So in the example of testing out a new drug, the participants will be placed into one of two different rooms, and neither they nor the experimenters know which of the rooms has the actual drug that's being tested. It's been kept from them. Either somebody else was used to place it in there that's not related to the study, or they use some kind of random method to determine who would do what. And in this way, the experimenter doesn't know, and so they can't collect the data in a way that leads to a self-fulfilling prophecy. And also, the participants don't know which one of them is actually going to be taking the drug that's being tested. So they can't have a placebo effect necessarily occur.

All studies, when they're doing their analysis, consider previous research and information. They build upon each other's work to create a larger body of knowledge about the subject that they're researching. That's why some experimenters use what's called a meta-analysis. This is a special kind of study or analysis where they look at the results of many different studies on the same subject, and they come to broader conclusions. And this is where we get a lot of our more broader or far reaching theories about different subjects within psychology.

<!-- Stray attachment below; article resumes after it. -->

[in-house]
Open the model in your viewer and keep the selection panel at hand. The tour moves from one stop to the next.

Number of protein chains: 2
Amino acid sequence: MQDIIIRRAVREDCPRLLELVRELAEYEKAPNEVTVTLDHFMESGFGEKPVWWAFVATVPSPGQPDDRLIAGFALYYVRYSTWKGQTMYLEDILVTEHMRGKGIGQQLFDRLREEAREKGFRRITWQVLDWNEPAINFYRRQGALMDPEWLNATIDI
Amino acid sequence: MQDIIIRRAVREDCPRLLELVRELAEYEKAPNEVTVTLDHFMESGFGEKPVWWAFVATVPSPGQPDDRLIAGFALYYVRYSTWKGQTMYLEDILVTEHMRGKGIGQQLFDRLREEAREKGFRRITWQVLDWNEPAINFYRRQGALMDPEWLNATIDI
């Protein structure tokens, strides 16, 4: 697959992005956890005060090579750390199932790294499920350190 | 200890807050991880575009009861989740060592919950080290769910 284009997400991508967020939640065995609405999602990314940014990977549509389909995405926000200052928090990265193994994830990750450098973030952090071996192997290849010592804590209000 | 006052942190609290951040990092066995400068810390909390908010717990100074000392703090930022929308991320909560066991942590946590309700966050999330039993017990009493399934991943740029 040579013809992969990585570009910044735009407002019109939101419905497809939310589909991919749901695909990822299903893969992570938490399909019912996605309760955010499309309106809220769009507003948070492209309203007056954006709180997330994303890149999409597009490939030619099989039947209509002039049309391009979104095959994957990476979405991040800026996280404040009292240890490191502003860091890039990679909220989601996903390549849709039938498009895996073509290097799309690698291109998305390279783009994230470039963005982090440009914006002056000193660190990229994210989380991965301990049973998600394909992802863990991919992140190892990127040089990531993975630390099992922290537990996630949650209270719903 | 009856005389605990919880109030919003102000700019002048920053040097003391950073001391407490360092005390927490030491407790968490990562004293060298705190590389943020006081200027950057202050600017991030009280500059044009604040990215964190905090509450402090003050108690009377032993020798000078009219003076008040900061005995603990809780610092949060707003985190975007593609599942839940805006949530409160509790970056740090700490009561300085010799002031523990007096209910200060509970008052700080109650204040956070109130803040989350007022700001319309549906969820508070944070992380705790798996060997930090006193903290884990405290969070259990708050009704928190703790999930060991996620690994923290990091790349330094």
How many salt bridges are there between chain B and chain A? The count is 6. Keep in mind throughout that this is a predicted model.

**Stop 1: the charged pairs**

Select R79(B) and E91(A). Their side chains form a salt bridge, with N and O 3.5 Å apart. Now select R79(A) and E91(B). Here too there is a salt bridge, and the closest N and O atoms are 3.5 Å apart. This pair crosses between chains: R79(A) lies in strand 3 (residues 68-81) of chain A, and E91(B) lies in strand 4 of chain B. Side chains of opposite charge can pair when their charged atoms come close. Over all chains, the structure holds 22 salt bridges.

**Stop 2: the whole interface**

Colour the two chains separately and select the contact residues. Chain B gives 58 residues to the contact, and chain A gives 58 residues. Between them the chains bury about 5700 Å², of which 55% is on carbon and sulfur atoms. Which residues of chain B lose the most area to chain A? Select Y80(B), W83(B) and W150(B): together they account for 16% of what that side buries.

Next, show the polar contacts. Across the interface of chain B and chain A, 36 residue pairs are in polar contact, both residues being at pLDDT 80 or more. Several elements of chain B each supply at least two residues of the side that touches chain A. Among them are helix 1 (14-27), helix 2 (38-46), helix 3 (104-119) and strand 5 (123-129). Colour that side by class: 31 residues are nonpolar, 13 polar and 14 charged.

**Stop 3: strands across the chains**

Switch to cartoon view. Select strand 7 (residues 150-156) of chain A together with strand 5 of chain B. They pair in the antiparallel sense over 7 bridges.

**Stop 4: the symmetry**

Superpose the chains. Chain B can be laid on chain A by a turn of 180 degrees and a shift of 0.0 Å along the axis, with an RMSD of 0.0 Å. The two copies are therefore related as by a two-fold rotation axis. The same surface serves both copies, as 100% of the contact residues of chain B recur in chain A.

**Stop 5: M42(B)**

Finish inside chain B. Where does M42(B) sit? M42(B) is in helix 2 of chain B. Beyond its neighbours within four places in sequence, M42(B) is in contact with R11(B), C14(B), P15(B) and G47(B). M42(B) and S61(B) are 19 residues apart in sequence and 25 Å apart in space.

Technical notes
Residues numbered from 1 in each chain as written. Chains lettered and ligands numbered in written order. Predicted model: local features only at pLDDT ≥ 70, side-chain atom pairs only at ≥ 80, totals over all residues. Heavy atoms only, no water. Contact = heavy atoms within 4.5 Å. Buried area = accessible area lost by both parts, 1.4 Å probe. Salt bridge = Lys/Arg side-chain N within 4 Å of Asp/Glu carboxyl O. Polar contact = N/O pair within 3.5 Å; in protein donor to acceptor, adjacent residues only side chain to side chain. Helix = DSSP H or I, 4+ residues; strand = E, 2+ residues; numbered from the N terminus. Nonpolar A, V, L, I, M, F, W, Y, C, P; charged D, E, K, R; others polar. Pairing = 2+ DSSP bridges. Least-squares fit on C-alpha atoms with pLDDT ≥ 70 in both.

Notes on "Analyzing Experimental Research"

Terms to Know

Statistical significance

The likelihood that the variables being studied are related, and that the results of the experiment are not the result of chance.

Placebo Effect

Improvement that is not attributed to the experimental condition, that comes from the subject’s mental state toward that experimental condition.


A fake pill (such as a sugar pill) or injection (such as a saline injection).

Self-Fulfilling Prophecy

When the expectation of a result leads to or causes the result to occur.

Double-Blind Experiment

An experiment where subjects are assigned to groups and neither they nor the experimenter knows who is in experimental and control groups.


A particular type of study that looks at the results from many different studies on the same subject to come to broader conclusions.